When John Kirwan was recruited from the Cleveland Clinic, one of the premier medical institutions in the world, he came to Louisiana just in time for a doomsday budget — exactly the kind of problem that the new head of LSU's Pennington Biomedical Research Center cannot reasonably explain to other scientists that our state wants to attract here.

Another cut? Maybe in Louisiana we're used to doomsday coming around every time the dysfunctional Legislature gathers for its budgetary rites of spring.

But if you are a scientist looking to build a career, bringing with you more in federal and private-sector grants than the state pays you, why not go to some other institution that enjoys the steady and reliable support of its state's taxpayers?

For Kirwan, it's a puzzle: He touted the academic and research successes of the center over 30 years, after one of Baton Rouge's genuine characters, C.B. "Doc" Pennington, lavishly endowed its construction on LSU-owned farmland on Perkins Road in the capital city.

Perhaps at the time, the goal of creating world-class research into nutrition might have seemed quaint, in the world of electronics and computing that were then the vogue in economic development. Now, old Doc looks prescient indeed, with the vast social and economic problems like obesity and diabetes — a particular plague in Louisiana — targeted by Pennington researchers.

Long before Kirwan's arrival in January, the center had a checkered history of support from its ostensible backers at the state level; it did not even open for a while after construction, and since has failed to attract the state seed money it needs to run on all cylinders.

For Kirwan, now, about a $600,000 cut is his estimate if the governor and Legislature cannot fund the state budget — and many members of the GOP House appear to be digging in against reasonable tax reforms needed to replace expiring temporary taxes. Maybe he won't have to lay anyone off. But Kirwan told the Press Club of Baton Rouge that as Pennington researchers put three dollars into Louisiana's economy for every dollar of state investment, the cut is a real one economically.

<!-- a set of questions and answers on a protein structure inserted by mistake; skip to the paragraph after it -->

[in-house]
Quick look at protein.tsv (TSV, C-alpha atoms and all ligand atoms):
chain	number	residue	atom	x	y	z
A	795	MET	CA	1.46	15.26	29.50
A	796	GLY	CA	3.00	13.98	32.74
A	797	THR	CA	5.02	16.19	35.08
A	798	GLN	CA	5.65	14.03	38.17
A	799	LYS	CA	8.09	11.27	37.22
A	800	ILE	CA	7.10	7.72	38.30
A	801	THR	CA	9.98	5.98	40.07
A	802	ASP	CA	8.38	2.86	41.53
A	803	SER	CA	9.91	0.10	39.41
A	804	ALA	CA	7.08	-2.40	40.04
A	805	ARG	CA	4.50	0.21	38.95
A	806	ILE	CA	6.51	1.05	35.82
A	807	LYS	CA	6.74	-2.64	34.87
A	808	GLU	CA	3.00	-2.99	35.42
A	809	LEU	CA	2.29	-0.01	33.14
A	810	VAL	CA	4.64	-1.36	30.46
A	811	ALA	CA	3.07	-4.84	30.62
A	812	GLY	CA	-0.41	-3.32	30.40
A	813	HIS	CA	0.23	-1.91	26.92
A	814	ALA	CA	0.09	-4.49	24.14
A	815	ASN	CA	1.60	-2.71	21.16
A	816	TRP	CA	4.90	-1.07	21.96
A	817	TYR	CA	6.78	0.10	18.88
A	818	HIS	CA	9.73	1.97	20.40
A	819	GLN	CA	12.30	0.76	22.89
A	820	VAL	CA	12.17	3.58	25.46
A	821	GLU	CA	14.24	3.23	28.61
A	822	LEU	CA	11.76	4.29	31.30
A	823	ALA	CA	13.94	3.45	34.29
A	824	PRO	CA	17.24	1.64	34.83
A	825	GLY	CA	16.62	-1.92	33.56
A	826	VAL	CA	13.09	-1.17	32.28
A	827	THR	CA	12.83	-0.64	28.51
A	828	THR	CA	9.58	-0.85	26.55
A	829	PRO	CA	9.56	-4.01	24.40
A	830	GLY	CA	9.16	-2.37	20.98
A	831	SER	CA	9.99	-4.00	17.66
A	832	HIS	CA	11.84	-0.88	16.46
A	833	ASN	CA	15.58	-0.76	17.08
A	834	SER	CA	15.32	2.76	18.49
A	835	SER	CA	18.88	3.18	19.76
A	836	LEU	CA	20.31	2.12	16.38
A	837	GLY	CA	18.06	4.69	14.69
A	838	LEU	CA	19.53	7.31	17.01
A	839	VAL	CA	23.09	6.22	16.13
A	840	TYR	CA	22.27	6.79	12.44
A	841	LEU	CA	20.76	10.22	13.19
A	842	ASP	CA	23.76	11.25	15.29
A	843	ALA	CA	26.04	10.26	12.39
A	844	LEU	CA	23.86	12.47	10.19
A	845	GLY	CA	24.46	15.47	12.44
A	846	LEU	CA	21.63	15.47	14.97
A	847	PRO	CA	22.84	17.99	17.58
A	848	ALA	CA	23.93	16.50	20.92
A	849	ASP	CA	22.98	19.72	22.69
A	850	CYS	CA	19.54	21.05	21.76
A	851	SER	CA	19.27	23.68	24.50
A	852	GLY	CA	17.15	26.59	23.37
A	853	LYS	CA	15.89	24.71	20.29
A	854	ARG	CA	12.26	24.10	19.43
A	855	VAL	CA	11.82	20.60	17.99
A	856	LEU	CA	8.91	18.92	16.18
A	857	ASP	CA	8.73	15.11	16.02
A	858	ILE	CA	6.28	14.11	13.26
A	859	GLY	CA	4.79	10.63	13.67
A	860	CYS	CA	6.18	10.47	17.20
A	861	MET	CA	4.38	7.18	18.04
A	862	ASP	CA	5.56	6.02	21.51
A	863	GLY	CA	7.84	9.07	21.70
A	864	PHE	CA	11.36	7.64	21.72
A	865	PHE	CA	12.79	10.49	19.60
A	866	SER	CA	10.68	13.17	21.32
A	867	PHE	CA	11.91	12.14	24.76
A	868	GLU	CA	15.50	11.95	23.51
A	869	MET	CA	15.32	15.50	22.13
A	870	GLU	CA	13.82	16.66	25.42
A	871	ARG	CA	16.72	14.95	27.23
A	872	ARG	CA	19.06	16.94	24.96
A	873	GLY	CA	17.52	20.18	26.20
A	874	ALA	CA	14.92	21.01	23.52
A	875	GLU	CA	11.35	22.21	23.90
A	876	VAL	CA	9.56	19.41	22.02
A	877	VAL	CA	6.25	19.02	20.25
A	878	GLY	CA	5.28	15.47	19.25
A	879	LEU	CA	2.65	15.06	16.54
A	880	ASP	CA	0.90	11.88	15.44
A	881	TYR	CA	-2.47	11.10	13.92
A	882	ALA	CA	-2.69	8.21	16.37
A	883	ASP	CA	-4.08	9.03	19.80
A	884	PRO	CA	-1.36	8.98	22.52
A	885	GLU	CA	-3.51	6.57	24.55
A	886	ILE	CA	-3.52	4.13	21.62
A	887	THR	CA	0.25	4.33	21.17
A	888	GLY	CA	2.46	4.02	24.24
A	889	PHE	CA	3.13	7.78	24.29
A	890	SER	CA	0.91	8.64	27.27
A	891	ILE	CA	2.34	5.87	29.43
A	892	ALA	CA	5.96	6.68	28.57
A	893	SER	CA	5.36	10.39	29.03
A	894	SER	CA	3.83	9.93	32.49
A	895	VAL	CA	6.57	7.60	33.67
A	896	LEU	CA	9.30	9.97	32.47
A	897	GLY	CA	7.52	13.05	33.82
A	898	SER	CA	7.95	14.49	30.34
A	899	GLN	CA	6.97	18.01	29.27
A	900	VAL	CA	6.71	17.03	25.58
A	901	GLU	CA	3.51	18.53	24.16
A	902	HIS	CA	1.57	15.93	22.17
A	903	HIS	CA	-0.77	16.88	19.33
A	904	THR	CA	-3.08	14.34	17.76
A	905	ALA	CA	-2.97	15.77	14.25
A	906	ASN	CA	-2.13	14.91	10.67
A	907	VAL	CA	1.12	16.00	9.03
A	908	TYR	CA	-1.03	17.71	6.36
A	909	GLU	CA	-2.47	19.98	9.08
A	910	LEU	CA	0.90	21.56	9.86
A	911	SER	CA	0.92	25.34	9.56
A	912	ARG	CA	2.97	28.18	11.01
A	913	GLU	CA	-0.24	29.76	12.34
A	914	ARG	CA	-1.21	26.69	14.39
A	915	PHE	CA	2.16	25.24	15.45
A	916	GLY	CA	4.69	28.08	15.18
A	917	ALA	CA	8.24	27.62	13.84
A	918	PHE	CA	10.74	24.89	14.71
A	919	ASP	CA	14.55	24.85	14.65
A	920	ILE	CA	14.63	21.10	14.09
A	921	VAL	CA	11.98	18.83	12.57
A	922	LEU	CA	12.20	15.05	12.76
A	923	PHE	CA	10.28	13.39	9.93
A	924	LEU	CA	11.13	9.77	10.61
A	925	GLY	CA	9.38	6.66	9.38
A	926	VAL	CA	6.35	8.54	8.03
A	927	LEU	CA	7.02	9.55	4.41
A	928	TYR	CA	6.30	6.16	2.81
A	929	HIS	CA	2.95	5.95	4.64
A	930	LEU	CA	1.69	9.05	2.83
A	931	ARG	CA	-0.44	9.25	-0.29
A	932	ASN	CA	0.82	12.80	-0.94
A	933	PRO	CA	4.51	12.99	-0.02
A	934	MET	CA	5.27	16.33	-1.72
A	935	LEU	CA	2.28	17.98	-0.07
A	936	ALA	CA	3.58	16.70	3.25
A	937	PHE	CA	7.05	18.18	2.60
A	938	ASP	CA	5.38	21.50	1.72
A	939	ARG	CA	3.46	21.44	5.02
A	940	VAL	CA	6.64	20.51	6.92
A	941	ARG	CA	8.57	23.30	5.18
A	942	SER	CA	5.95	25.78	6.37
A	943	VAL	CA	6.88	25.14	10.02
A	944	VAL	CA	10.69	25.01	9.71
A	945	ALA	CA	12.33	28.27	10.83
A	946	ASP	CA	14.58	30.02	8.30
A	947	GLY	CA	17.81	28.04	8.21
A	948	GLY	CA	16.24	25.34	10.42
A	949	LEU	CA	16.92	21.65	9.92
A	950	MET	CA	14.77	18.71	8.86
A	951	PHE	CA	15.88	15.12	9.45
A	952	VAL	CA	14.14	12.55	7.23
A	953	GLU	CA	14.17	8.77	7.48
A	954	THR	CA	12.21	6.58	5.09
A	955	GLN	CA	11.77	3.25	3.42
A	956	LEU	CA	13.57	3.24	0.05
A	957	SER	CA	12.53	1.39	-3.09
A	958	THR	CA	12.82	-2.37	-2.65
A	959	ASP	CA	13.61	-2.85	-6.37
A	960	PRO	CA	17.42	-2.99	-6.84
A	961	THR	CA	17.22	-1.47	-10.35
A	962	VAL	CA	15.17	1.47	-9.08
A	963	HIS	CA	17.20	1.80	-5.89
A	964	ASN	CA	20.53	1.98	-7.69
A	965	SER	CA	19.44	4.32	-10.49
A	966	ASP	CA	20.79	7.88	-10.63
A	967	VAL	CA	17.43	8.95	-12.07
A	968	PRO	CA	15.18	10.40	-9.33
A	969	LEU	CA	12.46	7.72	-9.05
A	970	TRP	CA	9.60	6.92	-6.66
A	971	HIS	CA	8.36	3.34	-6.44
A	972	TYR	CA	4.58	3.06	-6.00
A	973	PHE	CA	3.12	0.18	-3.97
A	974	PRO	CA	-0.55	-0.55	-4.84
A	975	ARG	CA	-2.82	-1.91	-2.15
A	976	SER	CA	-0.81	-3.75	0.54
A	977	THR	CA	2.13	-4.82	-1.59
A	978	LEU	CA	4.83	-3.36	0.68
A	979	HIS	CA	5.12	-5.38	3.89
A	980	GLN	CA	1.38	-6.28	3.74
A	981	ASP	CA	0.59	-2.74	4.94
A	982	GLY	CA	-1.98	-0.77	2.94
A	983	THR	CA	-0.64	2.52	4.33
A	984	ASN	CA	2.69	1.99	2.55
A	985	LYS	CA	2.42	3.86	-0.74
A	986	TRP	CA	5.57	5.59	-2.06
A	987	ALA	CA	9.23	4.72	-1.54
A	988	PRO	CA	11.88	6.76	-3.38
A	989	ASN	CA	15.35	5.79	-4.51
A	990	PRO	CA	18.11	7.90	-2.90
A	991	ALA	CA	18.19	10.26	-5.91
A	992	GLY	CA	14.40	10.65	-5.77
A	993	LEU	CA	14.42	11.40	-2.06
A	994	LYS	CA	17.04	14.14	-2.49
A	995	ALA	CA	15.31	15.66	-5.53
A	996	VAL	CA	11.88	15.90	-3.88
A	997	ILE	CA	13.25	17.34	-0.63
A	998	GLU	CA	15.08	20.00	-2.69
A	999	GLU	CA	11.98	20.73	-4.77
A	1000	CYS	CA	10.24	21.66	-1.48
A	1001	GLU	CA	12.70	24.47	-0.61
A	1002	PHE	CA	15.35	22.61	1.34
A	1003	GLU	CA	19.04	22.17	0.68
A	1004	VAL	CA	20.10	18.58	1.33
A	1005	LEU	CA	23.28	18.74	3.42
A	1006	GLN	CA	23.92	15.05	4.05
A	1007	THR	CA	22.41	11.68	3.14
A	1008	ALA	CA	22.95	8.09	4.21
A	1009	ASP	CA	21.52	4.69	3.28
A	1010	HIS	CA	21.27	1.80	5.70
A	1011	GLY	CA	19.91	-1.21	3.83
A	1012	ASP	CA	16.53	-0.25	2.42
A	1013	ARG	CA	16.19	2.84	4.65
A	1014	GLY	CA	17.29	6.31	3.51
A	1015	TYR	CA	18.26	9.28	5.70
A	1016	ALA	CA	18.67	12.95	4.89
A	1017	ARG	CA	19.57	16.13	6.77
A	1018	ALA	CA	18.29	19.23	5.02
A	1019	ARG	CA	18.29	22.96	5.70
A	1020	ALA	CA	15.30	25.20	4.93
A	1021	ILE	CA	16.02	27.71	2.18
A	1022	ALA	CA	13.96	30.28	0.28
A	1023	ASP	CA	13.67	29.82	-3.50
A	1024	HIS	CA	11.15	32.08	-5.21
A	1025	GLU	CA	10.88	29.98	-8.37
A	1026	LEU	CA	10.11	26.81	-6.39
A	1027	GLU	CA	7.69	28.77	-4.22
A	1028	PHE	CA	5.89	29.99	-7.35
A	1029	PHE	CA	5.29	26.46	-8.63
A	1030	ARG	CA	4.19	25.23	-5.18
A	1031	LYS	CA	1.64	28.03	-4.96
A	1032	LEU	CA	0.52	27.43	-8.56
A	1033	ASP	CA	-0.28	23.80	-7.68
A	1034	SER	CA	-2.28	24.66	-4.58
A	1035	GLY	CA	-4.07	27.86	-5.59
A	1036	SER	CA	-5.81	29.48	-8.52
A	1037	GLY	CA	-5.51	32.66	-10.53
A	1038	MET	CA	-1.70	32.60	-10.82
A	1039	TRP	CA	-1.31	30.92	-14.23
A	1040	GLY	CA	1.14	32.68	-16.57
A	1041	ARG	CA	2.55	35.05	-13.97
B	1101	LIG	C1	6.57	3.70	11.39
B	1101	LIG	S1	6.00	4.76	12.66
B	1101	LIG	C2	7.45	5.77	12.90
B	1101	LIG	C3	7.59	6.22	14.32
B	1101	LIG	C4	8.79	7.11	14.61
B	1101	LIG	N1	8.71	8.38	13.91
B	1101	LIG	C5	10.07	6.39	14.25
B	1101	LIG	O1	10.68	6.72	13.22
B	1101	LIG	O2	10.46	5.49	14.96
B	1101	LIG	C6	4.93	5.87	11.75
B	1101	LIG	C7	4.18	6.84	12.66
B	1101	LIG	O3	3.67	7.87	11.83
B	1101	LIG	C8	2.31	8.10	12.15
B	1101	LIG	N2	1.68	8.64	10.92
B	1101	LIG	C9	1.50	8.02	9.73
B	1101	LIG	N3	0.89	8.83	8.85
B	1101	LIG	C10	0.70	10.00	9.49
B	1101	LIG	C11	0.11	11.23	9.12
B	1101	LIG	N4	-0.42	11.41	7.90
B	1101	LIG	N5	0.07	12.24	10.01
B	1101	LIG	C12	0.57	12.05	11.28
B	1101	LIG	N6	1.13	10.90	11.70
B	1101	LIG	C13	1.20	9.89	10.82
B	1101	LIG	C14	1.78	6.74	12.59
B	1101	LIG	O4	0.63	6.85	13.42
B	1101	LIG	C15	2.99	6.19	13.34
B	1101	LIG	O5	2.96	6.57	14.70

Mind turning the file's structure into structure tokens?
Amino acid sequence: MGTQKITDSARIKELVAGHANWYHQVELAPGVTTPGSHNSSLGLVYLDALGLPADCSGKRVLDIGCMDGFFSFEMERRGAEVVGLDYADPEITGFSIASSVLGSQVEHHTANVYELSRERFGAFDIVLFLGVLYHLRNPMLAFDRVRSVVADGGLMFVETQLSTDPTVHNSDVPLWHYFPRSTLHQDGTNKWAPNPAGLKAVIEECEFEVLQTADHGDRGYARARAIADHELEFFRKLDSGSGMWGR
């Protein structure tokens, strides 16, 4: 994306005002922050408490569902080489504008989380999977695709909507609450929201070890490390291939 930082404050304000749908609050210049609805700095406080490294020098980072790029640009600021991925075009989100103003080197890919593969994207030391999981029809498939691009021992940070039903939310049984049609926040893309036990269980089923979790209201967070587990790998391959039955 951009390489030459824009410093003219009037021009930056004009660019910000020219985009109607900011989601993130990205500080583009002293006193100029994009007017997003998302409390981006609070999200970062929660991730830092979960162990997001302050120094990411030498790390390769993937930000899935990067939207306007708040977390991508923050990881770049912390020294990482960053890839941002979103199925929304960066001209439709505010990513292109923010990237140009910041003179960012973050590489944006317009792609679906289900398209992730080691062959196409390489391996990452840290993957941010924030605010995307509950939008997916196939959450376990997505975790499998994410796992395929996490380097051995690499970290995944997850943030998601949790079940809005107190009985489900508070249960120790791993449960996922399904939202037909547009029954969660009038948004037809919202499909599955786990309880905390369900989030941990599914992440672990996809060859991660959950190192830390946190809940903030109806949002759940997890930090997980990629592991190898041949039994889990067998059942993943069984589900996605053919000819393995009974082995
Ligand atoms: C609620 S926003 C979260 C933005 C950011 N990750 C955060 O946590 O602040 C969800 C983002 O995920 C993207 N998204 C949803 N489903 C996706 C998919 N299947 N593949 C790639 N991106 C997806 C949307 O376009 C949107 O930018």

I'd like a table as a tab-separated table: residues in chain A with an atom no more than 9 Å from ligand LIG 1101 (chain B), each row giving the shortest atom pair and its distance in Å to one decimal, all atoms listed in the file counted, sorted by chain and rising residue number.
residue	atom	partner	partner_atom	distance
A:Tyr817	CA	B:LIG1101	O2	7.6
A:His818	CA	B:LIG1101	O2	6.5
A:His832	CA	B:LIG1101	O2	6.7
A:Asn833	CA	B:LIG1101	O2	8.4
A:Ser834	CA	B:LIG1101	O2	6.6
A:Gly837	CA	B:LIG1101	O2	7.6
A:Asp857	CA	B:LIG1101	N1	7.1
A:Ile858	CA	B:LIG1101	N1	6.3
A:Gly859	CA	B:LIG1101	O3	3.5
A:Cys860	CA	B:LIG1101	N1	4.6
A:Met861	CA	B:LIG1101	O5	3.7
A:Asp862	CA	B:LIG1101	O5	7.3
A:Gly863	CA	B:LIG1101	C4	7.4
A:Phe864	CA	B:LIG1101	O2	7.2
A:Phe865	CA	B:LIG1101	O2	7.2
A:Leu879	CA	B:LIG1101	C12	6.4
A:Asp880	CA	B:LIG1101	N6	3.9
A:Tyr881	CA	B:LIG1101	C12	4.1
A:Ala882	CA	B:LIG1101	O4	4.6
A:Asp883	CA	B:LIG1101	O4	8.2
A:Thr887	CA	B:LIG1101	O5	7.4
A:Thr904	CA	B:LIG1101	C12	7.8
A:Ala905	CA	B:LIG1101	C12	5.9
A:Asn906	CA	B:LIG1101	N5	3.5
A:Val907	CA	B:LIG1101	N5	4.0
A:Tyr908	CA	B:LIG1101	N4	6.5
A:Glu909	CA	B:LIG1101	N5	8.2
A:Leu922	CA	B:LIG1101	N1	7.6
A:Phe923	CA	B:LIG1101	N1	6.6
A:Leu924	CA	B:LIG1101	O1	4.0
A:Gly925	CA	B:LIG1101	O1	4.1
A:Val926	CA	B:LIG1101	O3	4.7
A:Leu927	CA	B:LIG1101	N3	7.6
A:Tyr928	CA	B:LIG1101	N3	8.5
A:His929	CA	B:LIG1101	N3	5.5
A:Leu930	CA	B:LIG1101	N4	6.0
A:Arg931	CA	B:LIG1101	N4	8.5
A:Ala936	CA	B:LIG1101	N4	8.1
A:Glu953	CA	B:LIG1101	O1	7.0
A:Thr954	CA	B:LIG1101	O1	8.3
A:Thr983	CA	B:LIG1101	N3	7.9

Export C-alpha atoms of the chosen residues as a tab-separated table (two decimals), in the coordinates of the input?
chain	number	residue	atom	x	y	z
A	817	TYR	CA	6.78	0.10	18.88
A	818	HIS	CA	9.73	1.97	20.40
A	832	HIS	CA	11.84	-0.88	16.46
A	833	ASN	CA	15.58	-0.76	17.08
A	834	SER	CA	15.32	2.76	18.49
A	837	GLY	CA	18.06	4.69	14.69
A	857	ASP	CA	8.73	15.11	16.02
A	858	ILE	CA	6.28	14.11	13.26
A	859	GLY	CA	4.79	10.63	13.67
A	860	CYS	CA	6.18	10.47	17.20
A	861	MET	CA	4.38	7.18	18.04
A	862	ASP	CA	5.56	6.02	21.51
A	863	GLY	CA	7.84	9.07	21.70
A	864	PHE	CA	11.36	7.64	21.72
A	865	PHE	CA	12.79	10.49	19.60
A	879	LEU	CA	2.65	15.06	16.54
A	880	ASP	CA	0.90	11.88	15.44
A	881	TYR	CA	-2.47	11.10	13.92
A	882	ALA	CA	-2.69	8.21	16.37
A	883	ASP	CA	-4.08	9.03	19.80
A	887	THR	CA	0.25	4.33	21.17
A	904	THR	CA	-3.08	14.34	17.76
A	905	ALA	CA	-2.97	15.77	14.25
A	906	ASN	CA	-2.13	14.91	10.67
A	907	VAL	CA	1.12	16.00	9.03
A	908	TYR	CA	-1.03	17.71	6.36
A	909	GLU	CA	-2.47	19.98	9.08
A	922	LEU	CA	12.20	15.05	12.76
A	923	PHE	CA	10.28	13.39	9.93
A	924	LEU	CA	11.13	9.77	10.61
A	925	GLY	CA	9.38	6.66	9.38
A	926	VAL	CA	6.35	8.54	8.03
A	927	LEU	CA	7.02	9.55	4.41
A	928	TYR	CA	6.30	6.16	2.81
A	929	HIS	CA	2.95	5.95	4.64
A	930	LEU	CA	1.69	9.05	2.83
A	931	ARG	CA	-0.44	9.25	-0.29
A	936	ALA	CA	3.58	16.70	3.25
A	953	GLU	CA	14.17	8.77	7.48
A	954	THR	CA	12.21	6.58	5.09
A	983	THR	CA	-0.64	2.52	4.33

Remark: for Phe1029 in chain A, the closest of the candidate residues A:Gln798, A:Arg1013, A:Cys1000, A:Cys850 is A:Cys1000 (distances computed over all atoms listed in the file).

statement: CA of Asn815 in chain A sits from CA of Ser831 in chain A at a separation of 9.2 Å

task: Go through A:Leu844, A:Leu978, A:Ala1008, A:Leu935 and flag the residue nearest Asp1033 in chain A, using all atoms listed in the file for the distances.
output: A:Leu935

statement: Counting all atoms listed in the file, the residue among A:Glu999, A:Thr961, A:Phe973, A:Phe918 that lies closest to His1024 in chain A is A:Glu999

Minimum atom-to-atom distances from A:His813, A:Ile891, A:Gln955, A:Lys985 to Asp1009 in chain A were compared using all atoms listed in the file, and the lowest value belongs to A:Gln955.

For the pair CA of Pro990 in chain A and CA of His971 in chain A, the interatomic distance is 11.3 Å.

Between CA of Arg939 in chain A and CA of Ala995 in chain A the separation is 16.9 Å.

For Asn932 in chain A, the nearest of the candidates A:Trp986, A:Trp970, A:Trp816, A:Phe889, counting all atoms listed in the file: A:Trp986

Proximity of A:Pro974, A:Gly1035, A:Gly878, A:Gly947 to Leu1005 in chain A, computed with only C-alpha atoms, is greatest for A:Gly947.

Of course, Pennington is not alone. Among many, LSU's other institutions and campuses in the University of Louisiana system — from UNO in the Crescent City to Northwestern in Natchitoches — face cuts if the doomsday budget is not averted. Yet some in the Legislature appear to fear lynching if they vote to replace expiring revenues to avert the cuts.

Suburban legislators routinely get hysterical about the cuts proposed for TOPS tuition waivers for rather ordinary students. But as we hollow out institutions in the name of cutting government, Louisiana's young people get less, albeit indirectly, because we're not paying for the quality brainpower to teach them.

In each case, Louisiana is falling further behind in a worldwide competition for intellectual capital. For Pennington's new executive director, it must be somewhat mystifying as our state — as well as many heartland states in the country — faces "an obesity tsunami that is drowning the country." Kirwan said obesity, diabetes and Alzheimer's are a $10 billion chronic disease problem for Louisiana. Despite obstacles, Pennington is contributing to the solutions.

A "fiscal cliff" is in view as temporary taxes expire. But real investments in real economic and social benefits is not a fall off the cliff as much as a slide, neglecting the future for short-term politics.

Email Lanny Keller at lkeller@theadvocate.com.